Words that don't have translations in English


Ad Honoris
Jul 2013
San Antonio, Tx
Thank you :cool:
The Swedish language has several such words, perhaps most famous among them being "lagom". It is most often translated as "just enough", "in moderation", "average" or "sufficient", but none of these words are quite right as they suggest that something is lacking. "Lagom" means that something is appropriately sufficient and just the right amount, lacking nothing but also not achieving perfection. Not too much, not too little. For us Swedes, it is often seen as the ideal state of things, from food (most would prefer "lagom" seasoning, and nothing too spicy nor mild, or a "lagom" amount of food so they are no longer hungry but also do not feel too full) to one's personal finances (most prefer having a "lagom" amount of money, meaning enough to pay for their needs with a bit to spare, but no excessive wealth nor any degree of poverty).
Sounds like word ”sufficient” would cover it.


Forum Staff
Apr 2010
T'Republic of Yorkshire
In Yorkshire, you often hear (for example) "I lent a book" to mean "I borrowed a book".


Ad Honorem
Aug 2015
Chalfont, Pennsylvania
Translation or rather interpretation of an idiom from one language to another. There are numerous examples in every language. For example we have an idiom which literal translation into English is 'to make an elephant out of a fly' and its meaning is 'to exaggerate' ...'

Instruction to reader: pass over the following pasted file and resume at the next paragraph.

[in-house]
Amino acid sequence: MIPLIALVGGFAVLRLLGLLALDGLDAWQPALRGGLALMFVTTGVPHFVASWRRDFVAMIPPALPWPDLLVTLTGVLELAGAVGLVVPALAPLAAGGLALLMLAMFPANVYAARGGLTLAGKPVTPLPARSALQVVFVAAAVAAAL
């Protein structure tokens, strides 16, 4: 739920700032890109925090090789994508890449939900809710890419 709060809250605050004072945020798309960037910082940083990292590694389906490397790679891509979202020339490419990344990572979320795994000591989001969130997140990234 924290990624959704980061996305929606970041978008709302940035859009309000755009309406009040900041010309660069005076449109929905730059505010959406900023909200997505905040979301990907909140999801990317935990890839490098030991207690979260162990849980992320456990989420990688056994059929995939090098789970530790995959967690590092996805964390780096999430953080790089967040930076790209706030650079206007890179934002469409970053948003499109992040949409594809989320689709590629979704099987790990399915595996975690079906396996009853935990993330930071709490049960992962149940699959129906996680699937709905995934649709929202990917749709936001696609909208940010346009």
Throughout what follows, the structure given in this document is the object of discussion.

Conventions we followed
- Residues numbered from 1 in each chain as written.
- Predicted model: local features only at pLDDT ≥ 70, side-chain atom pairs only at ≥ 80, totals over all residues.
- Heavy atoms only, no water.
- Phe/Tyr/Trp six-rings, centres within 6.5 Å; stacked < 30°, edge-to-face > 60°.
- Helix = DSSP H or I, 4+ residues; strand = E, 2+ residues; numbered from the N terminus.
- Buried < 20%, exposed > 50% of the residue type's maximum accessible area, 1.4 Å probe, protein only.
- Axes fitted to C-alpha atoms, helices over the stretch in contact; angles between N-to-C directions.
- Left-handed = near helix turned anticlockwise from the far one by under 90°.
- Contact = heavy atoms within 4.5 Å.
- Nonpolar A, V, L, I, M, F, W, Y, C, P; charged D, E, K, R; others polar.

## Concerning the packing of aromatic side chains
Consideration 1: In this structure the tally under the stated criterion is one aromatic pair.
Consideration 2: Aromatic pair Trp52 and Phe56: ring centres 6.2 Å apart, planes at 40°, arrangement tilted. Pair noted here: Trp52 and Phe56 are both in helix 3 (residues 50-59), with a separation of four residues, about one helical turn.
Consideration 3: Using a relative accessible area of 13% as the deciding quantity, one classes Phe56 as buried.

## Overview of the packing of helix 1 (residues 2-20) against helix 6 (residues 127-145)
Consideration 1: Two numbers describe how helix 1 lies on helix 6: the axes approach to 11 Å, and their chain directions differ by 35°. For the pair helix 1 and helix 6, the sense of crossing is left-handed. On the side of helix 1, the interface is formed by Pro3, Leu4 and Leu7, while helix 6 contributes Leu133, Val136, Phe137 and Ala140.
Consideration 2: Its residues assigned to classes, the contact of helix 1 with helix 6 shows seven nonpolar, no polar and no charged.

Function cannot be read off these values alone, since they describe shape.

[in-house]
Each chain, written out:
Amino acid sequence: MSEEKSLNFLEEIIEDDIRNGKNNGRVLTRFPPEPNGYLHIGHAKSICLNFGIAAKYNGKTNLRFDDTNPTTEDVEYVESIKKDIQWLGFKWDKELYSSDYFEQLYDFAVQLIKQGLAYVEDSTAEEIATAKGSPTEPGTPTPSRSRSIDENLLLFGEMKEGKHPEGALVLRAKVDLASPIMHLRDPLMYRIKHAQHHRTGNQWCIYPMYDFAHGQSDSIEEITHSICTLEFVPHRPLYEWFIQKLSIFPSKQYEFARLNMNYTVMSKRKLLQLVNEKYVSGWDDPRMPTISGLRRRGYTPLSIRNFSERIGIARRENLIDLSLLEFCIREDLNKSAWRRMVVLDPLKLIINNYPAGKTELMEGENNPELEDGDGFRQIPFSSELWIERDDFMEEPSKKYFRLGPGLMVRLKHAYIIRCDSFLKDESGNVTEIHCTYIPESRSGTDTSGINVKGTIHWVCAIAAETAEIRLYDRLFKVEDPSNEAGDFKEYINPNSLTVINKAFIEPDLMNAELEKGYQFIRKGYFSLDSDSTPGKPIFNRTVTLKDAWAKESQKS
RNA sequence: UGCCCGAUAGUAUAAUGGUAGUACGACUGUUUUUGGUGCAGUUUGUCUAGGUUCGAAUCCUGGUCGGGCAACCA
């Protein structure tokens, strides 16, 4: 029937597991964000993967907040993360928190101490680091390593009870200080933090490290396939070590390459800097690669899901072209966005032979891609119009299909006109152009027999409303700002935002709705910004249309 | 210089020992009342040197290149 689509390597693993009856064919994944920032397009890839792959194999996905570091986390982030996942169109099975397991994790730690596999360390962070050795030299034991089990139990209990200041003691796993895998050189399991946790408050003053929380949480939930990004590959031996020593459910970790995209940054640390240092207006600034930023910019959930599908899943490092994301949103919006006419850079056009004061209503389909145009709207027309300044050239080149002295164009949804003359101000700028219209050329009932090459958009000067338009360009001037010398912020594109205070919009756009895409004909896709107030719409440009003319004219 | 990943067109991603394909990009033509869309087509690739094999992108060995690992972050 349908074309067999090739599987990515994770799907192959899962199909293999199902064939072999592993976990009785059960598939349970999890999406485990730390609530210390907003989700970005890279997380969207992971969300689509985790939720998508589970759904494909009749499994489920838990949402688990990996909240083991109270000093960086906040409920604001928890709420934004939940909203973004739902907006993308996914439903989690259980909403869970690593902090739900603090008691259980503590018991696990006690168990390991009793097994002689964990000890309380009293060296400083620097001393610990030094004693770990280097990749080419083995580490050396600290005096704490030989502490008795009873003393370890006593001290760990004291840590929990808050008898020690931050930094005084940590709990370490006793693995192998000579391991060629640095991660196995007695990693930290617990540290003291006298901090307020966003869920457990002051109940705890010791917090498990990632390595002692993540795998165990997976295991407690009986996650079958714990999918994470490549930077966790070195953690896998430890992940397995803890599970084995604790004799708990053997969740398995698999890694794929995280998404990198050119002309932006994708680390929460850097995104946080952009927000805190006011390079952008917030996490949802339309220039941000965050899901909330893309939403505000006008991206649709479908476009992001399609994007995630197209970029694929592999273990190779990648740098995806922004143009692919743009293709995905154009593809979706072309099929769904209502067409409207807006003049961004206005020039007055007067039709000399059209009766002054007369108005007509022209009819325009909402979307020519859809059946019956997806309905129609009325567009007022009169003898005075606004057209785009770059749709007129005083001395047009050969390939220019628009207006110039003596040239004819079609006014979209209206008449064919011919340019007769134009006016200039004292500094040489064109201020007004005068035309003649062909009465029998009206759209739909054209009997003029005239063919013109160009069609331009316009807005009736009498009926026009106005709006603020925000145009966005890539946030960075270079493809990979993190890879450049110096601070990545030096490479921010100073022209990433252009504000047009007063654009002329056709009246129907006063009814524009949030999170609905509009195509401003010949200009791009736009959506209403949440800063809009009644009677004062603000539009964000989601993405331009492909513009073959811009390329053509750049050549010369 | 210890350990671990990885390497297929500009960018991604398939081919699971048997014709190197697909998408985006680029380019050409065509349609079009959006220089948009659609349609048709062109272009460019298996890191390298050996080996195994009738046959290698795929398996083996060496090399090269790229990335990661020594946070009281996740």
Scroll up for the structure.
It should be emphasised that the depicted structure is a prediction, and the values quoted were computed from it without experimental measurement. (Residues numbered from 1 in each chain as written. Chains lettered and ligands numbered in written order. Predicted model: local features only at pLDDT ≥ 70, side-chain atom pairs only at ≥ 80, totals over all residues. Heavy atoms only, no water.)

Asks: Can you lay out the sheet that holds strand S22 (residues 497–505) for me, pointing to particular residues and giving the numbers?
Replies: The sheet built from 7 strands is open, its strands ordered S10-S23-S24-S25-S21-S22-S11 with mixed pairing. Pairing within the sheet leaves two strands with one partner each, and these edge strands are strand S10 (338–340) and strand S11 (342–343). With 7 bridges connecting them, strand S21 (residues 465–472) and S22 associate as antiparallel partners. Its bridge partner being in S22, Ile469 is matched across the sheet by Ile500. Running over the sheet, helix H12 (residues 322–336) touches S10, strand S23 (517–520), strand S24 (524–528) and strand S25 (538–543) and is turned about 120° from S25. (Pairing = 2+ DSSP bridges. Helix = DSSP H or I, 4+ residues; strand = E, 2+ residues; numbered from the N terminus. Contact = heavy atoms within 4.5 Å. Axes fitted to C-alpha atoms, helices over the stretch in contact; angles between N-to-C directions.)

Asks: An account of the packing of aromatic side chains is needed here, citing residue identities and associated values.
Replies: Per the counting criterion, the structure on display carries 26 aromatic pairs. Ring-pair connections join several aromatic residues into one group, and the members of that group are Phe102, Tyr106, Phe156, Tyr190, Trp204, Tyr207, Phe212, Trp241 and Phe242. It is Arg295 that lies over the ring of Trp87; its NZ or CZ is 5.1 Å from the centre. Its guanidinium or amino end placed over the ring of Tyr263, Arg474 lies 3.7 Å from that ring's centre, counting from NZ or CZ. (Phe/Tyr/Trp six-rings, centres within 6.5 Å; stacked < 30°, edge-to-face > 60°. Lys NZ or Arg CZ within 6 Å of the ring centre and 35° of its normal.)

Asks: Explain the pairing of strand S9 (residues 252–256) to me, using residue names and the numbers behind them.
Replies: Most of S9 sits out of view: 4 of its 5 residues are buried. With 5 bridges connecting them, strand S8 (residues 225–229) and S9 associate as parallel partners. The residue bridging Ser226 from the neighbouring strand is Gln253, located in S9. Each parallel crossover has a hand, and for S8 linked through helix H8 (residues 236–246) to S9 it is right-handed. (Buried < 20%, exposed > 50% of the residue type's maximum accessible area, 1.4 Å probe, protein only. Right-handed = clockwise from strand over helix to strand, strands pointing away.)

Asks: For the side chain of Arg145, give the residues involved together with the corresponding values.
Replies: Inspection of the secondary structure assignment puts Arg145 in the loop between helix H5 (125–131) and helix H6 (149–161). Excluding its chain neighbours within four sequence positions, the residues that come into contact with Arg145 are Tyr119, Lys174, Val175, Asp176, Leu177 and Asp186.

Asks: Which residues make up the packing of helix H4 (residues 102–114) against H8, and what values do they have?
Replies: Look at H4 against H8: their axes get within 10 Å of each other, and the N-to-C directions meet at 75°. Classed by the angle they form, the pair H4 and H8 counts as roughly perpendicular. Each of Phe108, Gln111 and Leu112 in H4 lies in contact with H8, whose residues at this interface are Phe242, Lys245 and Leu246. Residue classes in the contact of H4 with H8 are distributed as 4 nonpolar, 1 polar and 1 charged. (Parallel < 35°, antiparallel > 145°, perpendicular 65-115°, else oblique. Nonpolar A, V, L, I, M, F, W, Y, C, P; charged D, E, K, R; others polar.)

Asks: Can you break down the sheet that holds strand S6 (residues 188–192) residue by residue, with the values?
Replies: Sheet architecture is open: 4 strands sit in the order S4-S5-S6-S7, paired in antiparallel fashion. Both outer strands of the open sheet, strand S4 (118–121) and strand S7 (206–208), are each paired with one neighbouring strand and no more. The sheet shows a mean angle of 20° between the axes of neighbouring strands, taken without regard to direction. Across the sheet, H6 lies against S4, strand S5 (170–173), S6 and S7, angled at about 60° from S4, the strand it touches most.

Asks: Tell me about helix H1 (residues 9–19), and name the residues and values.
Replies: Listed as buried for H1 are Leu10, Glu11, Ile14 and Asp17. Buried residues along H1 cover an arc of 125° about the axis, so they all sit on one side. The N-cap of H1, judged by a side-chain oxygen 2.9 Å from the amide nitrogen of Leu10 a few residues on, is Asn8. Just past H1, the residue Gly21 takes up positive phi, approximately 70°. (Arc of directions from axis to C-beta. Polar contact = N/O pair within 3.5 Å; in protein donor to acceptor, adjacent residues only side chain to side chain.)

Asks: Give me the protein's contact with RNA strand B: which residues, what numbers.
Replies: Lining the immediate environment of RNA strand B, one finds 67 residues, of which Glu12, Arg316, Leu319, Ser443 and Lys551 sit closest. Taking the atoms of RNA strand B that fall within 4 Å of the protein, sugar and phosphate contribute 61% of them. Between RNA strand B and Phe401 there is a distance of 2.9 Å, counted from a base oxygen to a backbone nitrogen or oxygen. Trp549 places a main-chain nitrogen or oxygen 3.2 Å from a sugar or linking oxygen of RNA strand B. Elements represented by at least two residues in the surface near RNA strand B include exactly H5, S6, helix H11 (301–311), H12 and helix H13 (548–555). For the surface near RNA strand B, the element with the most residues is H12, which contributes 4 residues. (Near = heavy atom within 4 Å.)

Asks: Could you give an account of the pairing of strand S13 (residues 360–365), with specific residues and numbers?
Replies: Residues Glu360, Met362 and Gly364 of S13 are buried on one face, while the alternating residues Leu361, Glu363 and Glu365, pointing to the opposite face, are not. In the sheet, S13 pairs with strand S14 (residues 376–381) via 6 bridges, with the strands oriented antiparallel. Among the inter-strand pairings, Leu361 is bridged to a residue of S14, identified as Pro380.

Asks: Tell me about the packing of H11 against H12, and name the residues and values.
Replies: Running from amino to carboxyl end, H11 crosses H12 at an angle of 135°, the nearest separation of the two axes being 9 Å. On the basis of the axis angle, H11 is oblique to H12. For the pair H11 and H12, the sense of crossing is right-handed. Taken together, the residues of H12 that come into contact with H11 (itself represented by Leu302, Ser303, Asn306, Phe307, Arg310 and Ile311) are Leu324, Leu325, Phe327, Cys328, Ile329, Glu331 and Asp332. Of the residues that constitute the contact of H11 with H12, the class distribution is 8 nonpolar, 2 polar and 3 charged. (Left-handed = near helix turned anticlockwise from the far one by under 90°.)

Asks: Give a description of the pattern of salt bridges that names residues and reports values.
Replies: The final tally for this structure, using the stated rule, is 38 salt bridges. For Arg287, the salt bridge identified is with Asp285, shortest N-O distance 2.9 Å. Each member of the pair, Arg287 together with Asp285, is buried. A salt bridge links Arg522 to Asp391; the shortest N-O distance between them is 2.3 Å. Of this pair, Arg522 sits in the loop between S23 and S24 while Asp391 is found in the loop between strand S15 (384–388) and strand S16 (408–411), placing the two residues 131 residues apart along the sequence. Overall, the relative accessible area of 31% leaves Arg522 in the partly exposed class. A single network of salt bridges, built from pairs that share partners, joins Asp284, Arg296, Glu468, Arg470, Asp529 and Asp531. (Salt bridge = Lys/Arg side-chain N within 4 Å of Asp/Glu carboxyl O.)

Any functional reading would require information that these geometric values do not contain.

A similar English phrase is "making a mountain out of a molehill".

I am a native English speaker, and as a kid I noticed that English doesn't have a simple common single word to describe neutral feelings about someone, even though every English speaking person has neutral feelings about thousands or millions of persons for every one person they have positive or negative feelings about.

So someone has to say "I don't hate you" or "I don't dislike you" in order to reassure someone that they don't, instead of having a single word word for lack of negative feelings.

And it is even worse the other way. "I don't like you" means literally "I do not have feelings of liking for you." And "I do not have feelings of liking for you" seems like a perfectly neutral statement to me. I am fine with billions of people not having feelings of liking for me and me not having feelings of liking for them.

But telling someone you don't like them is considered equivalent to saying you dislike or even hate them.

Even telling someone you don't care about them is considered an insult, even though not caring about someone is the default emotional relationship until one meets them or at least learns that they exist.

So it seems to me that English speakers arrogantly assume and/or demand that everyone who meets them should like them, and are angered if that is not the case.

So I wonder if other languages have the same quirk.
Last edited: